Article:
That’s an interesting point. I do think that because professional online profiles are becoming more and more crucial within the job world, there will be an increased need and desire to demonstrate credibility. Endorsements are a good idea, much like the ‘verified’ tick on Twitter, but as is the case with a lot of these issues, there are pros and cons.

              Adam’s approach was certainly bold and impactful. Whilst I can’t quite see the billboard idea catching on, I think it makes an excellent point about how we need to consider ways to differentiate ourselves and stand out from the crowd. Personally, I’m not sure whether I would consider a video CV at this current time. I think I’m more suited to a expressing myself with words and other visual materials, such as in blog-form, and I’d feel a bit self-conscious about putting myself out there in video-form. Having said this, I think that some people are very suited to expressing themselves verbally and physically, and a video CV would be a great way to showcase this. Perhaps I might test the waters with a voiceover video or a video of myself in this module, we’ll see!

              So far, I feel I have improved my online ‘self-promotion’ skills and also my awareness of the issues surrounding online identities. Through managing my online profiles, both personal and professional, I have learned a great deal about myself, what my skills are and what makes me unique.

              What would you say are the key learning points you’ve taken from this topic?

              Thanks again,
              Patricia

              Like

  2. Hi Patricia,

    I have thoroughly enjoyed this post! I could feel the detail and effort you put into your slideshow and I found it very informative, engaging and succinct. In turn, it has inspired me to improve my current LinkedIn profile, to get it to the ‘All-Star’ profile strength. I would agree with most of the points you mention, especially on the notion of ‘personal branding’ where as individuals we should use our social media effectively to promote ourselves.

    On that note, you mention that there are other ways to achieve authenticity, for example through blogging. However, do you think blogging only helps those who are in the creative industry? If I was to pursue a career in banking yet my blog was on gym fitness/sports, how relevant and consistent is this to promoting myself to my prospective employers?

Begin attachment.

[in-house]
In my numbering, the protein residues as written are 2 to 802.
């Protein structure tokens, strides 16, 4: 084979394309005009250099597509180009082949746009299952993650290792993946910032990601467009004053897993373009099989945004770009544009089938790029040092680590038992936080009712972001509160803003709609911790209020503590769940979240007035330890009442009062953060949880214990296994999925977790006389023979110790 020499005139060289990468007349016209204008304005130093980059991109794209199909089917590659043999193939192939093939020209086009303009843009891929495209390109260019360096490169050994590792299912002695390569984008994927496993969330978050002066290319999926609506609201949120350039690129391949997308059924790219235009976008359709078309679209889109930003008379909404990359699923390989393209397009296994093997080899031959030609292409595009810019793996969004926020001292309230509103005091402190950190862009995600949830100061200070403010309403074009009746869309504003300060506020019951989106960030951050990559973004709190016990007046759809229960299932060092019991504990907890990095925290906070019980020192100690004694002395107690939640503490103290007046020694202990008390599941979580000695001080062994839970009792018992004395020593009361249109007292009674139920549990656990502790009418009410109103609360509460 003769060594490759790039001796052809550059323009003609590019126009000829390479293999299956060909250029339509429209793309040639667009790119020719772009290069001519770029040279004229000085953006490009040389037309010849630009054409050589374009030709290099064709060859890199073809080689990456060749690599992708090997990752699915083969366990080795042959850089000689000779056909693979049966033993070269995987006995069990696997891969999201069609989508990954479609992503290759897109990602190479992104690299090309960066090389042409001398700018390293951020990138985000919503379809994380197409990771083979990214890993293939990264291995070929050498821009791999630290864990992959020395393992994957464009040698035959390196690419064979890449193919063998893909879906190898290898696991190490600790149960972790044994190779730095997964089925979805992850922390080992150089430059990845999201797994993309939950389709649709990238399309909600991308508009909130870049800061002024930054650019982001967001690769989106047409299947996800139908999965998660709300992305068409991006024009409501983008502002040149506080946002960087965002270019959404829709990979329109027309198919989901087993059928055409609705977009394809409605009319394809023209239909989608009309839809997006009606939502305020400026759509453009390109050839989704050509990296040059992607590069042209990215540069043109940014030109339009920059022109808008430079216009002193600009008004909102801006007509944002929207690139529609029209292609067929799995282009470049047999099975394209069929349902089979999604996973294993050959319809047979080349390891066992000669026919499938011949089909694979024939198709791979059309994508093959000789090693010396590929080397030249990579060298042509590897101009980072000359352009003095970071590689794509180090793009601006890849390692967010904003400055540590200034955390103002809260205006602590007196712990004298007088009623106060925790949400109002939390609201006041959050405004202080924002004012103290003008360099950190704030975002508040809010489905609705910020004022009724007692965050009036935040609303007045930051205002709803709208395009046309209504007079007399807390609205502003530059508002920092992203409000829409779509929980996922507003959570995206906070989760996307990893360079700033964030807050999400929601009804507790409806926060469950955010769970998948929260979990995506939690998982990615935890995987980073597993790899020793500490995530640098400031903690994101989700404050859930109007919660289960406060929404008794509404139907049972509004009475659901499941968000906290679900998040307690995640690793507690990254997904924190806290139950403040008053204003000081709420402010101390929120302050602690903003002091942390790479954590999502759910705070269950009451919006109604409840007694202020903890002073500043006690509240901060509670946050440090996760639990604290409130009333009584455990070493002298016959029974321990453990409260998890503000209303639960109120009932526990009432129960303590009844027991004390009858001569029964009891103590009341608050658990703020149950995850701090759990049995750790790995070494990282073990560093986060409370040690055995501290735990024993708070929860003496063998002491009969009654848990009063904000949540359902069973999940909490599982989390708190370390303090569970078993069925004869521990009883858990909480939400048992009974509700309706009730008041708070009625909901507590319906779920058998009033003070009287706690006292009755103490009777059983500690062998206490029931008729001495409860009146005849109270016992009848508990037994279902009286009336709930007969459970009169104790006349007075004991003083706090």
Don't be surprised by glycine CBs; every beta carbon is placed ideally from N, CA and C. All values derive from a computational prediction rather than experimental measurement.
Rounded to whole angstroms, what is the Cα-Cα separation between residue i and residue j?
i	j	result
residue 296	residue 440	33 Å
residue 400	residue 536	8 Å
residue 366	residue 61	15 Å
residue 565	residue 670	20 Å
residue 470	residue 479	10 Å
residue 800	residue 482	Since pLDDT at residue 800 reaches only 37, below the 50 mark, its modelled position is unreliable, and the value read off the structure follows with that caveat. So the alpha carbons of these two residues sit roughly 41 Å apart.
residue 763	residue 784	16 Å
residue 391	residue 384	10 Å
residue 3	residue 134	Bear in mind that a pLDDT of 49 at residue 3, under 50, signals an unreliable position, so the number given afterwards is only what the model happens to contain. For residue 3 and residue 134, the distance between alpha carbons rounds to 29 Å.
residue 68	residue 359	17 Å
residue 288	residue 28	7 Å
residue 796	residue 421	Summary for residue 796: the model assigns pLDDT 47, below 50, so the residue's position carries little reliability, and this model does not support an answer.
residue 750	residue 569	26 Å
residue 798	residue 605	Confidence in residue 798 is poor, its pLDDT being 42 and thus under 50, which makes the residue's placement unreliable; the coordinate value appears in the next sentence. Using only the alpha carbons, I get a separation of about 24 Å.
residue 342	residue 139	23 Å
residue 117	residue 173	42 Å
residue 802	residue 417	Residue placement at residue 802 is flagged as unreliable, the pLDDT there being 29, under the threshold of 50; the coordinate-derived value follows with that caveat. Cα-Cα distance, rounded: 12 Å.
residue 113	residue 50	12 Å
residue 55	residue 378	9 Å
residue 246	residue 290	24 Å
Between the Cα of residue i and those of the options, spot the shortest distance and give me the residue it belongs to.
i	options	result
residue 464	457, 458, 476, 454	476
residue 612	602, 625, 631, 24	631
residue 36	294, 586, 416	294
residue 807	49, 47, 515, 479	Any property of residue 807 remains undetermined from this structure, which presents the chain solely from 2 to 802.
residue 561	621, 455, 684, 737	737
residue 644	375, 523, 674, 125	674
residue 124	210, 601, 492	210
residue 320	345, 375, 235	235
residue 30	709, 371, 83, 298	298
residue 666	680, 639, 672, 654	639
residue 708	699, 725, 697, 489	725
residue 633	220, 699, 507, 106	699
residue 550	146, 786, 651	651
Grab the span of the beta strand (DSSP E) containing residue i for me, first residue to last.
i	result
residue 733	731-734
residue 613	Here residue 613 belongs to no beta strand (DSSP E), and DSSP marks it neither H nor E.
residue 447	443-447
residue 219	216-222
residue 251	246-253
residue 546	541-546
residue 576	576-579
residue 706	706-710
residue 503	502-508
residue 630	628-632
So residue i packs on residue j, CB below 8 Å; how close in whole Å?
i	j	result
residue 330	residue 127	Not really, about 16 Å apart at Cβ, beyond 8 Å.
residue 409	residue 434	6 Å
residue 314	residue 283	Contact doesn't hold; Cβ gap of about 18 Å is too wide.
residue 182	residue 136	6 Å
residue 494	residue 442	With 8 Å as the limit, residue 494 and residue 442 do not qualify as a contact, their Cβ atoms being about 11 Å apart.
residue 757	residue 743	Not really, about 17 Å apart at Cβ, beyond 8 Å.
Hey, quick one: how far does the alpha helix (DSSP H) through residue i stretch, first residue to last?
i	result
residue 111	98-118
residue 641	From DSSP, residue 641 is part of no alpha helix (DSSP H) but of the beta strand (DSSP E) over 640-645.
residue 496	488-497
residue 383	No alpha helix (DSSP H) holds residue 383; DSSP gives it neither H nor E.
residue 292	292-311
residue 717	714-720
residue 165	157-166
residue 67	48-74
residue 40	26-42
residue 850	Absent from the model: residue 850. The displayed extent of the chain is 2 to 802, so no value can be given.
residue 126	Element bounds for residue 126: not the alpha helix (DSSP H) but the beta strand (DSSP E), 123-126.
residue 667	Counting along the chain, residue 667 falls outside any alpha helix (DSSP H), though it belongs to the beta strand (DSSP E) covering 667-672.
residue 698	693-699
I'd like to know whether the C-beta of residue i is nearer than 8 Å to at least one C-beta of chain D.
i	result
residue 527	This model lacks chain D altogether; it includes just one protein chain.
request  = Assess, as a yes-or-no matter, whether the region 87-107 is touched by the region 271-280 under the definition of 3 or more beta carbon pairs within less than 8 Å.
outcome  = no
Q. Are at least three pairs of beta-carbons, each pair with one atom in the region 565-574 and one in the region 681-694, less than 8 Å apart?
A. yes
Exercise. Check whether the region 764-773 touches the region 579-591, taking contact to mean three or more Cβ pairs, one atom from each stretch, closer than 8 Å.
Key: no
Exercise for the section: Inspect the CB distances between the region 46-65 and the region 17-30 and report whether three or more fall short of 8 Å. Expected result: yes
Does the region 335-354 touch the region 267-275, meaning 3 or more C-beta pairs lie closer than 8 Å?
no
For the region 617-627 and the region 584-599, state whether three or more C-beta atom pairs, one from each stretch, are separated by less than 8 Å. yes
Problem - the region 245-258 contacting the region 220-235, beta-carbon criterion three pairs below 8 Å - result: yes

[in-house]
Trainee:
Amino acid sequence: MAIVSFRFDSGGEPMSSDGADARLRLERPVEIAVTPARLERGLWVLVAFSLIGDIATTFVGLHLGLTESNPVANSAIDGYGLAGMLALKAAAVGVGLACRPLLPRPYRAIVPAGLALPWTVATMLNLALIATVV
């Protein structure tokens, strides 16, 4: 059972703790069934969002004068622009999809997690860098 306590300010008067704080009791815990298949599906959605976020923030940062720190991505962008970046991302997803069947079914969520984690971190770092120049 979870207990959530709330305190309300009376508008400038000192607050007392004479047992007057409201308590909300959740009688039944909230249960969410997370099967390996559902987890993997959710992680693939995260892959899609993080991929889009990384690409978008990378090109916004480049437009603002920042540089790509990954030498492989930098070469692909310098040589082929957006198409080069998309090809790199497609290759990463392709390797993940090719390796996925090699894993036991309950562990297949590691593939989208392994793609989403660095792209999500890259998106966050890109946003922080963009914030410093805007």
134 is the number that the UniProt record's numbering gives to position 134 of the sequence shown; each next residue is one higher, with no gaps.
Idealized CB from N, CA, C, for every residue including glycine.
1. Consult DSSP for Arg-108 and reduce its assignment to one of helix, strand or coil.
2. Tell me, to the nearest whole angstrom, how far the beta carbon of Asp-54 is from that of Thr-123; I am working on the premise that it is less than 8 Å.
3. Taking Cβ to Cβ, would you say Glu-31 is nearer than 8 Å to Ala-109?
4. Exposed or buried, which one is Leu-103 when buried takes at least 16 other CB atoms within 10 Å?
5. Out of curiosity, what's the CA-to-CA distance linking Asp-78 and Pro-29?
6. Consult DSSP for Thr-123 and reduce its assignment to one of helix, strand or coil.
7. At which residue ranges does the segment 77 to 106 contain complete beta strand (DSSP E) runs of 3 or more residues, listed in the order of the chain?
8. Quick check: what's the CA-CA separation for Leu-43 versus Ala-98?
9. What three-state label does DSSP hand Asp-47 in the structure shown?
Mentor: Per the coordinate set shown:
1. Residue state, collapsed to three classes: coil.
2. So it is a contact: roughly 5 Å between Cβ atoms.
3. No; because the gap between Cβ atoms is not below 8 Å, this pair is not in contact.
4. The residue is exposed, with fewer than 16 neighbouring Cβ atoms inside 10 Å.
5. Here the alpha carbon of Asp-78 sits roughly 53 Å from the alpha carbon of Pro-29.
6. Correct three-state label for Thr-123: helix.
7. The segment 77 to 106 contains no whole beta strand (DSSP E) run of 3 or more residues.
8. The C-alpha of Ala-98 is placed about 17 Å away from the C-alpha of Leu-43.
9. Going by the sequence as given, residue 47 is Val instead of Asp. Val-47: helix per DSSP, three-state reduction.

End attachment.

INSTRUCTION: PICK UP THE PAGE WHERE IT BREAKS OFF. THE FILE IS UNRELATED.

Furthermore, I tweeted this article the other day which I found interesting https://www.theguardian.com/money/2011/aug/19/rules-social-recruiting-linkedin-twitter-facebook . It mentions that employers can be suspicious of those who are ‘trying too hard’ to get noticed. In what ways, do you think people can prevent from coming across like this?

    Carolina

    Like

    1. Hi Carolina,

      Thank you for your kind comments on my blog. I’m glad you found my slideshow engaging and informative and I’m looking forward to seeing the changes on your LinkedIn profile.

      That’s an interesting question and something I hadn’t really thought about. With regards to blogging, I think the key benefits can be applied to different individuals within different industries. As you say, blogging doesn’t have to be writing about things relevant to your career/industry, it can also be about hobbies/interests. Whilst blogging may be more relevant and useful to those in creative industries during the ‘experience’ parts of applications, it can still be a great talking point in the ‘extra-curricular’ and ‘personal interests’ parts of applications for those in more technical industries. Whether a blog is about fitness, travel, fashion or sports, it’s a creative and consistent way to show your personality and gives employers an insight into what makes you tick. This article goes into more depth about this and even suggests that blogs can be used as CVs. What are your views on this?

      The article you shared makes some very interesting and useful points. As I mentioned to Mark earlier, I think a distinction can be made here between being a passive web user and an active web user, much like digital visitors and residents. Getting the balance between passive and active allows you to have a voice without running the risk of putting potential employers off. I think a good way to reduce this risk is to be authentic about what you share and the ways you communicate. Being mindful about who views your profile and the image you portray is important and can help individuals from getting too caught up in self-promotion. Can you think of any further strategies to help with this?

      Thanks again,
      Patricia

      Like